Samuel Fahrer and Sidney Lipson shake hands and smile. It’s the first time the men have seen each other in 64 years. They were U.S. soldiers back on a forced death march in Nazi Germany in April 1945.
“How you doing” Fahrer says. It’s a subdued moment for the two men. There are no tears, no pats on the back. The men have endured years of contained emotions from what happened six decades ago when they were prisoners of war and held as slaves inside Germany. They have come to a hotel in Orlando to be honored by the Army this weekend for the first time. Watch slave camp survivors reunite » Fahrer and Lipson were among 350 soldiers held at the slave labor camp called Berga an der Elster, a largely forgotten legacy of the war and a subcamp of Buchenwald where soldiers were beaten, starved and forced to work in tunnels to hide German equipment. More than 100 soldiers died at the camp and on the death march. Buchenwald was one of the largest and first concentration camps on German soil. See photos inside Berga » The Berga soldiers are being honored thanks in part to CNN.com users, who demanded the Army recognize the men, all in their 80s, after a series of reports late last year. The Army then conducted a months-long review of Berga at the urgings of Rep. Joe Baca, D-California, and Rep. Spencer Bachus, R-Alabama. “These soldiers endured extreme hardships of forced labor, beatings, poor living conditions, and ultimately a forced march of over 250 kilometers [about 155 miles] prior to liberation by advancing U.S. Armed Forces,” Army Secretary Peter Geren said at the conclusion of the review. “The survivors of Berga certainly deserve both our thanks and recognition for their service and sacrifice.” Geren is sending Maj. Gen. Vincent Boles to honor the survivors on Saturday. Six of the 22 Berga survivors will be at the event; most of those still living could not make it because of declining health.
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Those here look forward to what the general has to say. They want desperately to know why the U.S. government commuted the death sentences of the two Berga commanders, Erwin Metz and his superior, Hauptmann Ludwig Merz. Both were tried for war crimes and initially sentenced to die by hanging until their commutations in 1948. “I’m very happy the Army is sending a general to see us,” Fahrer says. “But they should’ve sent the general to see us a long time ago when some of the fellas were still alive. We’re only 20 fellas left.” Fahrer was the one of the primary survivors after the war who fought to get the government to carry out the death sentences for Metz and Merz. In a letter to survivors in January 1949, he wrote, “Things are beginning to break our way. A little enthusiasm, a little more cooperation, a little more action, will accomplish a great, great deal now.” Now, 60 years later, he may finally get some answers. “Let’s see what the general has to say when he gets here,” Fahrer says. His comrade, Morton Brooks, says, “I never wanted revenge, but I did think retribution would be proper. And I think they should’ve suffered a little bit longer for what they did. … They wouldn’t kick a dog, but they did that to us.” The two men finally hugged. “I’m glad to see you,” Fahrer says. Some of the Berga soldiers were killed in cold blood, such as Morton Goldstein, shot through the head and then machine-gunned. His bullet-riddled body was placed in front of the barracks for all to see. Bernard Vogel and Izzy Cohen were forced to stand without food and water for days, pushed to their deaths. Cohen was a 32-year-old father of two young children. When he left for war, he kissed his family goodbye at a train station in California. He looked at his wife, Florence, and said, “Whatever happens happens.” It was the last words he ever spoke to her. Vogel’s last words at Berga were: “I want to die! I want to die!” Hear Martin Vogel finally learn about his brother’s final minutes » “They killed us slowly,” Fahrer says. “They didn’t feed us, they didn’t give us anything, they didn’t do anything.” The memories are so terrible, so horrific that Sid Lipson doesn’t remember much of anything about his captivity. “I don’t remember a damn thing from the march,” he says. Brooks says, “I think it’s best.” Brooks weighed 75 pounds when he was finally freed; Fahrer weighed 90. “The United States government did not acknowledge the fact that we were put in this slave labor camp,” Fahrer says, shaking his head. “We went through all these things and nobody wants to give us any help. And finally, now …” Brooks went on to become a psychologist. He says his time in captivity was a “$1 million experience that I wouldn’t want to repeat for $2 million.” His message to the world about the whole ordeal: “We have to learn to talk to one another and live together. It’s not necessary to go kill people for no reason.”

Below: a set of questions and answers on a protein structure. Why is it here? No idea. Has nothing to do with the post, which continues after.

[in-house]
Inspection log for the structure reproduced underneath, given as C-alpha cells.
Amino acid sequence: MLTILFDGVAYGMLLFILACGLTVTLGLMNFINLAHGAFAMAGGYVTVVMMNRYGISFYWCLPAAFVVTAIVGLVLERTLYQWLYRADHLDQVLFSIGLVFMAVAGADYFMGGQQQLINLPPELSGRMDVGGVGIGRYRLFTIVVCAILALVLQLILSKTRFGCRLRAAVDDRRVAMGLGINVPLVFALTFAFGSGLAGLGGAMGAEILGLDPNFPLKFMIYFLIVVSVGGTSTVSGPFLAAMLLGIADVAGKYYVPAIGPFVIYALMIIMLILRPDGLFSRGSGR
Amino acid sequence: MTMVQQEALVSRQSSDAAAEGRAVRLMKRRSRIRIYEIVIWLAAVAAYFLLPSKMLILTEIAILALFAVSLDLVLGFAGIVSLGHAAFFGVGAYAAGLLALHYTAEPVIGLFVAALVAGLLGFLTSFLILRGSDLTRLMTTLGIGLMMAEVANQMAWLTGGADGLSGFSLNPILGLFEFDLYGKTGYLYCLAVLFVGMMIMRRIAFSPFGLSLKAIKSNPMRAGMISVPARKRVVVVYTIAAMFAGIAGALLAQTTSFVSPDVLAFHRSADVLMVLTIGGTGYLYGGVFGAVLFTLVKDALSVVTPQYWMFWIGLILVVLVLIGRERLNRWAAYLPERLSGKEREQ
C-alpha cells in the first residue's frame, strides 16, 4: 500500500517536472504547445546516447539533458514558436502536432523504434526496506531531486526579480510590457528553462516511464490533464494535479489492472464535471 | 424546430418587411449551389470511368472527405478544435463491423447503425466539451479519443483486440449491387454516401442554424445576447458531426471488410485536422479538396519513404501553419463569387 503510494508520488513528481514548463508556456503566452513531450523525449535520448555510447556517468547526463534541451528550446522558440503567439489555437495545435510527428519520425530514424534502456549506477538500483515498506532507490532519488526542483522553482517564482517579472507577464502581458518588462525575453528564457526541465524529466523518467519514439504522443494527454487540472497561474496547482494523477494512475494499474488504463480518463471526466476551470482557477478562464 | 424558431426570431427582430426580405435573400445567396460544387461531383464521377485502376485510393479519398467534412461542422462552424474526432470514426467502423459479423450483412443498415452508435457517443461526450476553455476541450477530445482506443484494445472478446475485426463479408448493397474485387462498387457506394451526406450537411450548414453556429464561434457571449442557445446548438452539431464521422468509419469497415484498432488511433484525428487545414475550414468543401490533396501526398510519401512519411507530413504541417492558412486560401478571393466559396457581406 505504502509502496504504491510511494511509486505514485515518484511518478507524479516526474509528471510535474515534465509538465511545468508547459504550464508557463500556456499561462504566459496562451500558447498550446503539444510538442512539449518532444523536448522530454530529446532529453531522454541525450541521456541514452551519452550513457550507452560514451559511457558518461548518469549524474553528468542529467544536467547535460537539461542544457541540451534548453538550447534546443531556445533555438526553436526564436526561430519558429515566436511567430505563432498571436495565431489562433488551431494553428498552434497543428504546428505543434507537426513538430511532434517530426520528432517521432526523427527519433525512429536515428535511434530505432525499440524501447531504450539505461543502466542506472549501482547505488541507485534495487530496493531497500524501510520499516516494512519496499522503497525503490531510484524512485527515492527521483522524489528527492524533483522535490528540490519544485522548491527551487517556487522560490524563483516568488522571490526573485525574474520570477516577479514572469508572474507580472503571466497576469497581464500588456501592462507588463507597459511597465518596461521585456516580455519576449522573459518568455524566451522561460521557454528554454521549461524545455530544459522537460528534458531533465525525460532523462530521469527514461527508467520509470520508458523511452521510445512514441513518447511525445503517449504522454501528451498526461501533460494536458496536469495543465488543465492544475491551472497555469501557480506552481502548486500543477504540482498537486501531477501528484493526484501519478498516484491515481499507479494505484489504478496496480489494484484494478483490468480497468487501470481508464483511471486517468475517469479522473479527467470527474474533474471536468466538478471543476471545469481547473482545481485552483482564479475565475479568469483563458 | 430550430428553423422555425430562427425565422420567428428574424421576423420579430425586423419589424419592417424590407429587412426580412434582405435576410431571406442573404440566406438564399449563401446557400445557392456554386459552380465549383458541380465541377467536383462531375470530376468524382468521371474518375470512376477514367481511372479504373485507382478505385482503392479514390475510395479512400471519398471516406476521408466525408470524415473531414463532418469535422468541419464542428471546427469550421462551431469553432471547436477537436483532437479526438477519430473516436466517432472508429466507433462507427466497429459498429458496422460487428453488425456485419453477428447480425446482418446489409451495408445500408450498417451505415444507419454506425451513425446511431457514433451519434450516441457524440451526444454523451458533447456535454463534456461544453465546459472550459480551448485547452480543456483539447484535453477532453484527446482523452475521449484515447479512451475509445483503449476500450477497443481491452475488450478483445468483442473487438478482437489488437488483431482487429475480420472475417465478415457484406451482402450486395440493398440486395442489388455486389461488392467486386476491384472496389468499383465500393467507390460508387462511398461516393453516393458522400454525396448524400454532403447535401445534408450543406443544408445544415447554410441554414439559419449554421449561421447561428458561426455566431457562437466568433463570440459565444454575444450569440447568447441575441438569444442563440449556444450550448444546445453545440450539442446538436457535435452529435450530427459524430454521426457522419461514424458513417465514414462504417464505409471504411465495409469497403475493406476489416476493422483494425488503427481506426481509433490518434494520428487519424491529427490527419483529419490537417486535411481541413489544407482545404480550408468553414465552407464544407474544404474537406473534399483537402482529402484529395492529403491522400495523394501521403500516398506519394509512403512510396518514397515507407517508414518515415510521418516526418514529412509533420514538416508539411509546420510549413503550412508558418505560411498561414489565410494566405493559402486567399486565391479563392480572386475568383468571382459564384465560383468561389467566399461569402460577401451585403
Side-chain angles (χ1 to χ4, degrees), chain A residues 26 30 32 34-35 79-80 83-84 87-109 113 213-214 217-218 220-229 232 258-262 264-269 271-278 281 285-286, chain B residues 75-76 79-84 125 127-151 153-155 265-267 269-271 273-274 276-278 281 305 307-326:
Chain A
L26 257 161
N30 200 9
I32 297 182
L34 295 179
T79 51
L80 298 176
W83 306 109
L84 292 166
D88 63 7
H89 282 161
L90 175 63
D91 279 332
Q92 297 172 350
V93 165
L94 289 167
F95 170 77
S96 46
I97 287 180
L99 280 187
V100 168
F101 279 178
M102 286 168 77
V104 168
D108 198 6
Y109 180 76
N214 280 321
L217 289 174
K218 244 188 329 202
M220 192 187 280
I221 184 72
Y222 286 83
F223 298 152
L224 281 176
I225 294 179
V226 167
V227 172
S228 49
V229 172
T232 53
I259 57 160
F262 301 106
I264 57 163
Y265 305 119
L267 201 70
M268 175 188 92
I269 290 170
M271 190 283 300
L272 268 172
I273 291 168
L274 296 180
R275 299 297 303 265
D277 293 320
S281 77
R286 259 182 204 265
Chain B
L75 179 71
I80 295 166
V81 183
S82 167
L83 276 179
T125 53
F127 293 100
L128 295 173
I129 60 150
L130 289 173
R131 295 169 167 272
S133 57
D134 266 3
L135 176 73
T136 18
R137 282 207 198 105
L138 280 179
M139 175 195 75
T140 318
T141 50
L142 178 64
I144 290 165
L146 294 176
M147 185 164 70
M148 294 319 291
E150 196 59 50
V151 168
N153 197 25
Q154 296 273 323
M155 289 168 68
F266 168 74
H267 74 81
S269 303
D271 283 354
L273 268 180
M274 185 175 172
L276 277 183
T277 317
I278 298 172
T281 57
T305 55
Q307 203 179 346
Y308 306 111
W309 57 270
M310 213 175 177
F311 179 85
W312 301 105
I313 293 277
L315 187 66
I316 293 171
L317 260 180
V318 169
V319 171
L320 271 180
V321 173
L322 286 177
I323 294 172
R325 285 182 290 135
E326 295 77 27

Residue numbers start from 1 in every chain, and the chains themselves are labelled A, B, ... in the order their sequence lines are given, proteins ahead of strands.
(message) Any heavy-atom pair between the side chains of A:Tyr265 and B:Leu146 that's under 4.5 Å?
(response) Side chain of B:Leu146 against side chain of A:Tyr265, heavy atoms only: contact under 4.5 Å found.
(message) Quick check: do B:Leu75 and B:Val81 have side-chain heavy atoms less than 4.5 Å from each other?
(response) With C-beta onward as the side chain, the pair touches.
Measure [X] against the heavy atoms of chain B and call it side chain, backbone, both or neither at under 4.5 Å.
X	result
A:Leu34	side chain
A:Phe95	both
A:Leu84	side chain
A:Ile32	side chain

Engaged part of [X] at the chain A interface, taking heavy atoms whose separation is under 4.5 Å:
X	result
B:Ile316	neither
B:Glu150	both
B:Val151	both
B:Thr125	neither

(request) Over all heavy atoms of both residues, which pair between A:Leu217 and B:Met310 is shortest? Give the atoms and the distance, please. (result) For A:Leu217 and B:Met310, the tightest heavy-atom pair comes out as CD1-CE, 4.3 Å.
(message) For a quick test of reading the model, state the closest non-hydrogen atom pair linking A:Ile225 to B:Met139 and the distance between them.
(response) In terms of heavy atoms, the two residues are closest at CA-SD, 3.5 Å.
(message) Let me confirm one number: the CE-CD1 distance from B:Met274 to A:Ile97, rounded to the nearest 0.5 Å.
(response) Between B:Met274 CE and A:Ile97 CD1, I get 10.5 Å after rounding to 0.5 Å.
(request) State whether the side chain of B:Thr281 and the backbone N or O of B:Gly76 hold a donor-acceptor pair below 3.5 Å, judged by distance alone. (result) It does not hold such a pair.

One of the survivors who won’t be at this weekend’s ceremony is the Tony Acevedo, the U.S. medic who kept a diary inside Berga cataloguing the deaths and atrocities. It was Acevedo who CNN profiled in November, prompting a series of events culminating with the Pentagon deciding to honor the soldiers. See Acevedo’s diary » Acevedo’s wife, Loline, is too ill. He doesn’t want to leave her side. “The love of my life,” he says.